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Most of the demographic change in America today comes not from waves of new immigration, but from the echoes of past migration.
Alabama, Arizona, Georgia, Mississippi, and other states have recently enacted measures calling for stricter enforcement of existing immigration laws. Some of these measures even aim to deny birthright citizenship to U.S.-born children of illegal immigrants. These initiatives, overwhelmingly supported by Republicans, drive Hispanics to vote increasingly for the Democratic Party.
The laws come as a reaction against profound changes in the U.S. population. According to U.S. Census projections, from 2000 to 2030 the Hispanic share of population of the United States will nearly double, from 13 percent to 23 percent. In the same period, the non-Hispanic white population is expected to drop from 69 percent of the total to 53 percent. The Census Bureau forecasts that by 2042 whites will be a plurality of the population, but no longer a majority.
That shift is already being felt in many states. California ceased to be majority white in 2000. The 2010 Census estimates that whites and Hispanics are nearly equal in numbers there, and the Bureau projects that by 2030 the largest state will be 45 percent Hispanic and just one-third white.
Texas—the second-largest state—is changing even faster. In 2000, 53 percent of Texans were white, and 32 percent were Hispanic. By 2010, whites had fallen to 45 percent of the population and Hispanics risen to 39 percent. By 2020, those numbers will be reversed. The Office of the Texas State Demographer predicts that in 2030 the state will be majority Hispanic.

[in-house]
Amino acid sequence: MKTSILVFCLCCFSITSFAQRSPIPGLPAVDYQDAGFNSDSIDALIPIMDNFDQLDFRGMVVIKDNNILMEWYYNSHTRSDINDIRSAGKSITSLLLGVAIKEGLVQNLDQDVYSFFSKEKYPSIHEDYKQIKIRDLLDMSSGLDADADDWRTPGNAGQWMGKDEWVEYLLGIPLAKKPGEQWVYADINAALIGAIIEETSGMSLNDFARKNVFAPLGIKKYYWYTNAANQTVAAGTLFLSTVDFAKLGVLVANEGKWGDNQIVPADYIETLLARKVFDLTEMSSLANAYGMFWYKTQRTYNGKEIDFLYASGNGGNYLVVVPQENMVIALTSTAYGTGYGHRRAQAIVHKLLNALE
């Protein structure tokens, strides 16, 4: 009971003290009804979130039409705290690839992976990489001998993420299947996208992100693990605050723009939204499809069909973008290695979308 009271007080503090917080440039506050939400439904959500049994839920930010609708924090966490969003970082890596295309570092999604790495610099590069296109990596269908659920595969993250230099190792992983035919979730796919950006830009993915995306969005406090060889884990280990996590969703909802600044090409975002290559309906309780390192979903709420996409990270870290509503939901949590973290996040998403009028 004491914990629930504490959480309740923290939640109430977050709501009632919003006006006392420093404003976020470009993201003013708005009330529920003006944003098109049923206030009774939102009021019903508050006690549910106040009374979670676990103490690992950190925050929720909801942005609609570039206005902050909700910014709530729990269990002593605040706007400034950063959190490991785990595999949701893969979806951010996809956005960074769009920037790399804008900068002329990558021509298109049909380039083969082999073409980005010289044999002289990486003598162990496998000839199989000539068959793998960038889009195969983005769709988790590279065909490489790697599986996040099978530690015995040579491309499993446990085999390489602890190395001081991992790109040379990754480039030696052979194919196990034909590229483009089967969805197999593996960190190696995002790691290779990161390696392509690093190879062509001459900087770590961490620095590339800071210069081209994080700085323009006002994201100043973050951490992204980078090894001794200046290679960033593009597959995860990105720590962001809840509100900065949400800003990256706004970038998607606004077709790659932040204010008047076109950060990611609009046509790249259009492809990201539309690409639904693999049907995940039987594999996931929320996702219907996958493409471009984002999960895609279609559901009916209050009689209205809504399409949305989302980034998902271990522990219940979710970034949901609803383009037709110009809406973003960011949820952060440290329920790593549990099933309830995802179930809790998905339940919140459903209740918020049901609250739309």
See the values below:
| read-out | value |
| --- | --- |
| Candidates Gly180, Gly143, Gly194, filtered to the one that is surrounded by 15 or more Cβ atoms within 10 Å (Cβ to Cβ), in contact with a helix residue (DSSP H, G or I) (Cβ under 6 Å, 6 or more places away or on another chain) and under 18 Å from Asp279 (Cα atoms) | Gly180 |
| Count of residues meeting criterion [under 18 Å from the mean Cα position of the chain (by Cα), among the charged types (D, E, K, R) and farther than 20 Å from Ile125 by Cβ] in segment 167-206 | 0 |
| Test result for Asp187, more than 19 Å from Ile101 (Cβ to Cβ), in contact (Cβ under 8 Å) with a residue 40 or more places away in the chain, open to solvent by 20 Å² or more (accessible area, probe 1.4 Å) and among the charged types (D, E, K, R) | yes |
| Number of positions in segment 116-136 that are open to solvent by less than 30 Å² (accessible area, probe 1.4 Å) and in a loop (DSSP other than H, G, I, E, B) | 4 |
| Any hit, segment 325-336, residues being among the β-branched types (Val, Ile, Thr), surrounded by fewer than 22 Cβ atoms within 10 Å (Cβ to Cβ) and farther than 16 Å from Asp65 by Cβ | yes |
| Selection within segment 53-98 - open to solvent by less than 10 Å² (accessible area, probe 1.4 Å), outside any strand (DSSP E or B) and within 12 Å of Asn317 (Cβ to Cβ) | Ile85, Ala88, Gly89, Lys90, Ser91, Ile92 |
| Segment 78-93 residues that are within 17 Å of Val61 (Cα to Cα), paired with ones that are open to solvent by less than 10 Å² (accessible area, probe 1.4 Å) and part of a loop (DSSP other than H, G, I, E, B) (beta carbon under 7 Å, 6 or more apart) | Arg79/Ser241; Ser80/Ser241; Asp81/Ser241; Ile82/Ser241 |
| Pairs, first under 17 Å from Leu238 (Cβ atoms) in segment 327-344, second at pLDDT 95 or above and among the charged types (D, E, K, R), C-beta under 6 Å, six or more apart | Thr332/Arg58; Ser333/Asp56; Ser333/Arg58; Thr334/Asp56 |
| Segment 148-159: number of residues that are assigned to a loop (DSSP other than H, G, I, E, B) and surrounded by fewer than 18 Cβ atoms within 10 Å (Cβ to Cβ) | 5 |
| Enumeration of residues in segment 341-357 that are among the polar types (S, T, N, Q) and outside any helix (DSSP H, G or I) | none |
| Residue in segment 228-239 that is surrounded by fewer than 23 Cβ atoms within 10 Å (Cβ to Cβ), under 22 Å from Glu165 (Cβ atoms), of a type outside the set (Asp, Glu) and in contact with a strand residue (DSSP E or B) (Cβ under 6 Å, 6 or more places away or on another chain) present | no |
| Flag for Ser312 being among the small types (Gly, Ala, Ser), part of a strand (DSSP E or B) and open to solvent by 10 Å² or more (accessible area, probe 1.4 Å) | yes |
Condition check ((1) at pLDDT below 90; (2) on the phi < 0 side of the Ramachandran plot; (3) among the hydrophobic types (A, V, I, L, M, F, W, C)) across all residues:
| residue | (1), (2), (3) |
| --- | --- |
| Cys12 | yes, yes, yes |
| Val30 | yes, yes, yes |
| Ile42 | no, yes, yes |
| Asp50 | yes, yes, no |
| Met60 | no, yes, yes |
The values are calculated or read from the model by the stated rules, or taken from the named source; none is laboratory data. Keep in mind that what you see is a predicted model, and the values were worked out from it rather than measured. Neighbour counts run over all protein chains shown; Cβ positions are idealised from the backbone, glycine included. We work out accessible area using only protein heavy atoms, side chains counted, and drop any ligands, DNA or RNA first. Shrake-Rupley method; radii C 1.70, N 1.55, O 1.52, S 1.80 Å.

Most of the demographic change in the American electorate today comes not from waves of new immigration but from the echoes of past immigration: the children of immigrants and their children. Nationwide roughly 21 percent of white citizens are under eighteen years old, compared to 44 percent of Hispanic citizens. Over the coming decade, aging alone will increase the number of Hispanics who are eligible to vote by 25 percent.
Hispanic voters will continue to emerge in Texas, California, and other states where Hispanics have long been gaining in numbers. But the tide of Hispanic citizens is rising in some surprising places as well. The states with the highest percentage of Hispanic citizens under eighteen years old are North Carolina, Georgia, Alabama, Tennessee, Arkansas, and South Carolina. And closing the borders will not appreciably affect the increasing numbers of Hispanics and Hispanic voters in the United States for a simple reason: the Hispanic population is already sizable and has a much higher birth rate than the white population. The policies that the parties pursue now on immigration, education, and other matters that particularly affect Hispanics will define electoral politics for generations to come.
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